Ladies and gentlemen,
What a great pleasure it is to be here in Port of Spain for the 2010 ICT Business and Innovation Symposium.
This is a hugely vibrant and dynamic region in terms of ICT development, with some of the highest mobile cellular teledensities in the world.
Here in Trinidad and Tobago, for example, penetration passed 150% early this year – meaning that there are now on average rather more than three mobile phones for every two inhabitants. If growth continues at these rates, people will soon run out of pockets for their phones!
There is still some way to go, however, especially when we look at the next important ICT development, which of course is the Internet, and notably broadband.
While tremendous progress has been made – with Internet penetration surpassing 36% here in Trinidad and Tobago by the beginning of 2010 – it is now time to see if we cannot replicate the mobile miracle for broadband.
This Symposium will help point the way forward, and will offer potential roadmaps towards achieving universal and affordable access to broadband across the region. And it is absolutely clear, here, that business and innovation will be key drivers.
I often remind people that the greatest and most abundant natural resource we have – and the Caribbean is of course no exception – is human brainpower.
It is therefore time to harness that abundant natural resource and put it to good work in helping to connect everyone across the region to the kind of advanced ICT applications and services which will make the world a better place for all.
Let me therefore ask each and every one of you to think creatively and constructively over the next couple of days about how ‘ICT Business and Innovation’ can achieve that goal.
ICTs can help us address every single one of the most pressing issues of our time – from disaster detection, prediction, and monitoring, to climate change itself; from delivering better healthcare, to optimizing energy supplies; from building smarter cities, to creating more caring communities.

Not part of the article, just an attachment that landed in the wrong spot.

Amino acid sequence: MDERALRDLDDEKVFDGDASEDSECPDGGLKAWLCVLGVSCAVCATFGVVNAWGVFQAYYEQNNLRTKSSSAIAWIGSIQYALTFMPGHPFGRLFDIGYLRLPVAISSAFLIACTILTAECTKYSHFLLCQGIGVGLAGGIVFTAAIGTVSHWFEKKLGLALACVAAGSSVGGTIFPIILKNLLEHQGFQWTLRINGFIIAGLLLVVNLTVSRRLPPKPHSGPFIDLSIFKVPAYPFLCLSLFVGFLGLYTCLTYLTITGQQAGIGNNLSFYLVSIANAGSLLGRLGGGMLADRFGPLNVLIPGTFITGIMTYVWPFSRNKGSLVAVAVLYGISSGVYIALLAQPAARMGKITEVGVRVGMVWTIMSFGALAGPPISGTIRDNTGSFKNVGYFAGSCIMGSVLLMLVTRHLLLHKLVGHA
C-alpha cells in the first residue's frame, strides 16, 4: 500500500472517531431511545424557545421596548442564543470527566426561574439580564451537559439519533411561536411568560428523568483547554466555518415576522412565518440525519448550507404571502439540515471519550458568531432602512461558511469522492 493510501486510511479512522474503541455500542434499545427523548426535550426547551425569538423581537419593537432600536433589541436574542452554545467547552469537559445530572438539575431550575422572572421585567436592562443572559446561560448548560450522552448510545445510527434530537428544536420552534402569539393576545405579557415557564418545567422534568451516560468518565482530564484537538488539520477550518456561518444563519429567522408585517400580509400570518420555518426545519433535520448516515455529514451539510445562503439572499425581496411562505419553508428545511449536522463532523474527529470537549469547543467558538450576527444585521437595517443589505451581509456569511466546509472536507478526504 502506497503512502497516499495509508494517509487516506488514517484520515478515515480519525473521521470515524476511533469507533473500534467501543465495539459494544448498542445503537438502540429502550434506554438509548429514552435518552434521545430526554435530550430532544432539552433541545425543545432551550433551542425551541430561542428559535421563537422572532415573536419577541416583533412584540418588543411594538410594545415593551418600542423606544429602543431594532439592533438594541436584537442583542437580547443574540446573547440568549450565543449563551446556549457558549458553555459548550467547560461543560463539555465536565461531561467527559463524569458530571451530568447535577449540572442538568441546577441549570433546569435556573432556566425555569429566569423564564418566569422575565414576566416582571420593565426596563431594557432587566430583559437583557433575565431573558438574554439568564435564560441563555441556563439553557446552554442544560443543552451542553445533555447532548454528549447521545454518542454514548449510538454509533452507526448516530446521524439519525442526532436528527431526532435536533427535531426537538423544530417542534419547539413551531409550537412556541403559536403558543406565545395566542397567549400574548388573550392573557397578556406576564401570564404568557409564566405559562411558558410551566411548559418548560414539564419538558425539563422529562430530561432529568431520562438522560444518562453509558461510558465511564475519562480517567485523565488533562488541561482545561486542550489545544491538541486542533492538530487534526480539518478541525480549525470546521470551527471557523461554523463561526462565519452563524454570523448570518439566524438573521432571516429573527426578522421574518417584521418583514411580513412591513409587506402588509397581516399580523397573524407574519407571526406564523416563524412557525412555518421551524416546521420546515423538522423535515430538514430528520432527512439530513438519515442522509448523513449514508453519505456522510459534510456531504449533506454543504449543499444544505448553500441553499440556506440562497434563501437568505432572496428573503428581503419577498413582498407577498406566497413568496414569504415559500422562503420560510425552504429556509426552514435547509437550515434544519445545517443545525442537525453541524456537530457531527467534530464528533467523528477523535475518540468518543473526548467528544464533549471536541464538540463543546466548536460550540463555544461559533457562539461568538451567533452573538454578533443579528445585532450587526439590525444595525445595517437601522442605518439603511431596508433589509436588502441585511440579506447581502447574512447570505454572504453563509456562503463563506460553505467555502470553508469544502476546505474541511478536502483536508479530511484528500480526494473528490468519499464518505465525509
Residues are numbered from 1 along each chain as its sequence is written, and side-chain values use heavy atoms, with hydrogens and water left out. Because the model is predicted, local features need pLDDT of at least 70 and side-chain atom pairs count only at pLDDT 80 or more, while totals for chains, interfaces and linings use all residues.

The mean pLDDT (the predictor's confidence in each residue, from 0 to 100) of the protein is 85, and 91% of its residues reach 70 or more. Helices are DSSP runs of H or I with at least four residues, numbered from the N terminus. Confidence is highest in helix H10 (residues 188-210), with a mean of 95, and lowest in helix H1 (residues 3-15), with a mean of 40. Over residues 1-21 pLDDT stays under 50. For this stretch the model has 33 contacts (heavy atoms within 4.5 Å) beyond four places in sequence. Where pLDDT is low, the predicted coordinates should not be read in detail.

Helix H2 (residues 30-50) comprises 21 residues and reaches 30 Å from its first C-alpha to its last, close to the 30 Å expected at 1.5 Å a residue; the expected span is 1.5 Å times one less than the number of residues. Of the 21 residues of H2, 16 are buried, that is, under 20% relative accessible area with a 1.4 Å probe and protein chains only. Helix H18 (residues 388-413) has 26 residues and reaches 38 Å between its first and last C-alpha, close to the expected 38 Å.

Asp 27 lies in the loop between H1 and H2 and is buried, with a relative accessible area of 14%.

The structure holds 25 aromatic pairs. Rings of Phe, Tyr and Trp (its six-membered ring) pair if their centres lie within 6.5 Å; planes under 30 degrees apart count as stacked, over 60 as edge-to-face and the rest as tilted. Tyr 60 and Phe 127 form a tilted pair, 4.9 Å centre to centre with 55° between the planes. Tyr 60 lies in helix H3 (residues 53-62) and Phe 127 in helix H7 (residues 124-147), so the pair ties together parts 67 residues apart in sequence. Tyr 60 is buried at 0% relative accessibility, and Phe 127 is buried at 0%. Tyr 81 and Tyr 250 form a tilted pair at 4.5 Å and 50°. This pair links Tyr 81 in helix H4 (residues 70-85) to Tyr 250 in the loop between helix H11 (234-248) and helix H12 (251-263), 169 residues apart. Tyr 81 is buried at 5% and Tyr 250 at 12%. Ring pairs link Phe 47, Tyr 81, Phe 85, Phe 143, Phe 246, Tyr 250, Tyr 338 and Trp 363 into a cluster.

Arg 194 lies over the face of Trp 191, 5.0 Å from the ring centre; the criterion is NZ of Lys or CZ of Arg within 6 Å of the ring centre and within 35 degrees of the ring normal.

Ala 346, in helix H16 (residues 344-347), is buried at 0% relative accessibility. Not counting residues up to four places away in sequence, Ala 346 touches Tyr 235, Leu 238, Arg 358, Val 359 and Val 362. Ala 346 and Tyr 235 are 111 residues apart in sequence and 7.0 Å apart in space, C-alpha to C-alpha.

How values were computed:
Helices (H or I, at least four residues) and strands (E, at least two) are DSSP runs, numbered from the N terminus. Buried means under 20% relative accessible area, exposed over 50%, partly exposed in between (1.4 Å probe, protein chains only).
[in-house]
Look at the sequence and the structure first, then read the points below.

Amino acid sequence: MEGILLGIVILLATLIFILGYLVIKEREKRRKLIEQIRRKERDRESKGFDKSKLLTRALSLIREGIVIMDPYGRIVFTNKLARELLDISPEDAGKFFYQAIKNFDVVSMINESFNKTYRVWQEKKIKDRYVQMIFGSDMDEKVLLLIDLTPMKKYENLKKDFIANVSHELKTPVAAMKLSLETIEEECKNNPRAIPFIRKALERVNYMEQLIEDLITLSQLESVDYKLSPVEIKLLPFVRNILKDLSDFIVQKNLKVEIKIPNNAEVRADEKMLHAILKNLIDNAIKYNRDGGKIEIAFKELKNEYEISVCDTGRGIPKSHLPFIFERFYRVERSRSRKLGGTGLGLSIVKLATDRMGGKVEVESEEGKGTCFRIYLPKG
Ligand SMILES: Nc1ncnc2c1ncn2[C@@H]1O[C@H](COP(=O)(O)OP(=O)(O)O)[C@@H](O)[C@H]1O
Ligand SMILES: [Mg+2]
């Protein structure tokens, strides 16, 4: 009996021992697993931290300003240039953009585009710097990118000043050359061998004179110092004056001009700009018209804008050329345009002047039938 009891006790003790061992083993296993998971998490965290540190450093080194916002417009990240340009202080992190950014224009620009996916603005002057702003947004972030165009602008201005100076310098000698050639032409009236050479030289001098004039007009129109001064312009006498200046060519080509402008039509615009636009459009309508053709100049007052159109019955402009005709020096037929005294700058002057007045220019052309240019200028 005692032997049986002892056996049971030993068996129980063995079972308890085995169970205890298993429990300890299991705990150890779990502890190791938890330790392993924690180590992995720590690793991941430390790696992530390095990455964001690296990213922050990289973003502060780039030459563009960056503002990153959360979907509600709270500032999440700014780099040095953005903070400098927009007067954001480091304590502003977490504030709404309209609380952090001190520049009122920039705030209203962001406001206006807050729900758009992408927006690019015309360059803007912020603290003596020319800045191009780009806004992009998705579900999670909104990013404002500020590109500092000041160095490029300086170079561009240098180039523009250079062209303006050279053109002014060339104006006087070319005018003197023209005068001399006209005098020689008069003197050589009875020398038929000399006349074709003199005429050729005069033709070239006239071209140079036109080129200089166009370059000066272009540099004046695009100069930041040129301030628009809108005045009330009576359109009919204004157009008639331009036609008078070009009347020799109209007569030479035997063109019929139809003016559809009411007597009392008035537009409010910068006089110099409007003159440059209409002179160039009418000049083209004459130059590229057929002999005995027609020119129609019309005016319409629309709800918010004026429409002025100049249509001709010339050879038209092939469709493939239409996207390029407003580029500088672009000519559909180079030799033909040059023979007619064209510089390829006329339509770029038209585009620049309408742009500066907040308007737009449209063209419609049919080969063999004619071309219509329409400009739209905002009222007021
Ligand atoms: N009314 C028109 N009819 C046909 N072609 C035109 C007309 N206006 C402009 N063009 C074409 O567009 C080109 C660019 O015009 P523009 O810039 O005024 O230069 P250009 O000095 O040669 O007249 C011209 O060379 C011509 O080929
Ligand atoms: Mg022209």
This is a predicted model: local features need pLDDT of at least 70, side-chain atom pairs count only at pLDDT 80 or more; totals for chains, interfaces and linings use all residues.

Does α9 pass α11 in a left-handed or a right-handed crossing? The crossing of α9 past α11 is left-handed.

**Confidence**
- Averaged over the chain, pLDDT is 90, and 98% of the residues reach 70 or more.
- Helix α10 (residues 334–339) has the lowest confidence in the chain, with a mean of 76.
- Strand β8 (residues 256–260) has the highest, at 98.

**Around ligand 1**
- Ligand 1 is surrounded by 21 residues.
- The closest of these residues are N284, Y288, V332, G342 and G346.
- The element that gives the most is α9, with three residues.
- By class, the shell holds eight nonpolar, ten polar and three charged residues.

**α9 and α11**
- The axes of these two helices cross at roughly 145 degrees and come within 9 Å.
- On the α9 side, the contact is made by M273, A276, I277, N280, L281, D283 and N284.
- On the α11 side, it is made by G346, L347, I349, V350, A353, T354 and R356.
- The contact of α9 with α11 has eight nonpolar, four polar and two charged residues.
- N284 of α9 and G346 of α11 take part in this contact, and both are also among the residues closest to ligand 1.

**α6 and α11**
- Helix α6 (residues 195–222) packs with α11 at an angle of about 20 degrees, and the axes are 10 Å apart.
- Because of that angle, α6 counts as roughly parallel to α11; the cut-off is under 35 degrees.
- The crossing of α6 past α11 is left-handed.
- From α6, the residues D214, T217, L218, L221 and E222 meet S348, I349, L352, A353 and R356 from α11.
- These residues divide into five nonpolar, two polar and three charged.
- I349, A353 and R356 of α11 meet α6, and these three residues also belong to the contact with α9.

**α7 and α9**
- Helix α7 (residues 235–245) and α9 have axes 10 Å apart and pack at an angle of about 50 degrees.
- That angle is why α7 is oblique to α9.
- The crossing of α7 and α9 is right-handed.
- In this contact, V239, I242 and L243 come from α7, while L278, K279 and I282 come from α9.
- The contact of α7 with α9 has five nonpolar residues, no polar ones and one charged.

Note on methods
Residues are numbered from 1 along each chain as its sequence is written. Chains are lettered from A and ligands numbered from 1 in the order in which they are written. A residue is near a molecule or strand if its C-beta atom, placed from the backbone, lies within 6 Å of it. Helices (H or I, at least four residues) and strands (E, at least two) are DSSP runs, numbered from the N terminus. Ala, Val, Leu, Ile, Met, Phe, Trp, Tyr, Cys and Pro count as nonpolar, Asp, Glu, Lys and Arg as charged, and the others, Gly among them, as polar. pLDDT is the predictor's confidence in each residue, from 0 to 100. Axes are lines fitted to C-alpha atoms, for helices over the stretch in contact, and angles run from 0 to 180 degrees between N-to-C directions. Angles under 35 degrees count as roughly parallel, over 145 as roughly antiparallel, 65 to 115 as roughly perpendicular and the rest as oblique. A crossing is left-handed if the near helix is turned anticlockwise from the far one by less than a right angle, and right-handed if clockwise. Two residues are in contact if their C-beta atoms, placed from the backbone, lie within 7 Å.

This is particularly important in this region, which is especially prone to natural disasters and emergencies.
We cannot prevent these disasters and emergencies, but by harnessing the power of ICTs we can certainly get better at forecasting and monitoring them, and mitigating their effects when they do occur.
Over 90% of disasters – notwithstanding recent earthquakes in this region – are weather-related, and driven by climate-change, so we can use satellite services, for example, for disaster prediction, detection, alerting and relief. And as satellite services become smarter and more sophisticated, we will save more lives each time a disaster occurs.
At ITU, we work hard to respond quickly to disasters when they occur, and we provided rapid support and emergency communications services in Haiti and Chile earlier this year.
We continue to be alert to global, regional and local events as they occur, as well as working in the background to ensure that radiocommunications and satellite services are best-equipped to be of use when they are needed.
In closing, therefore, let me encourage you in your good work here, and I look forward to hearing more from you over the next two days.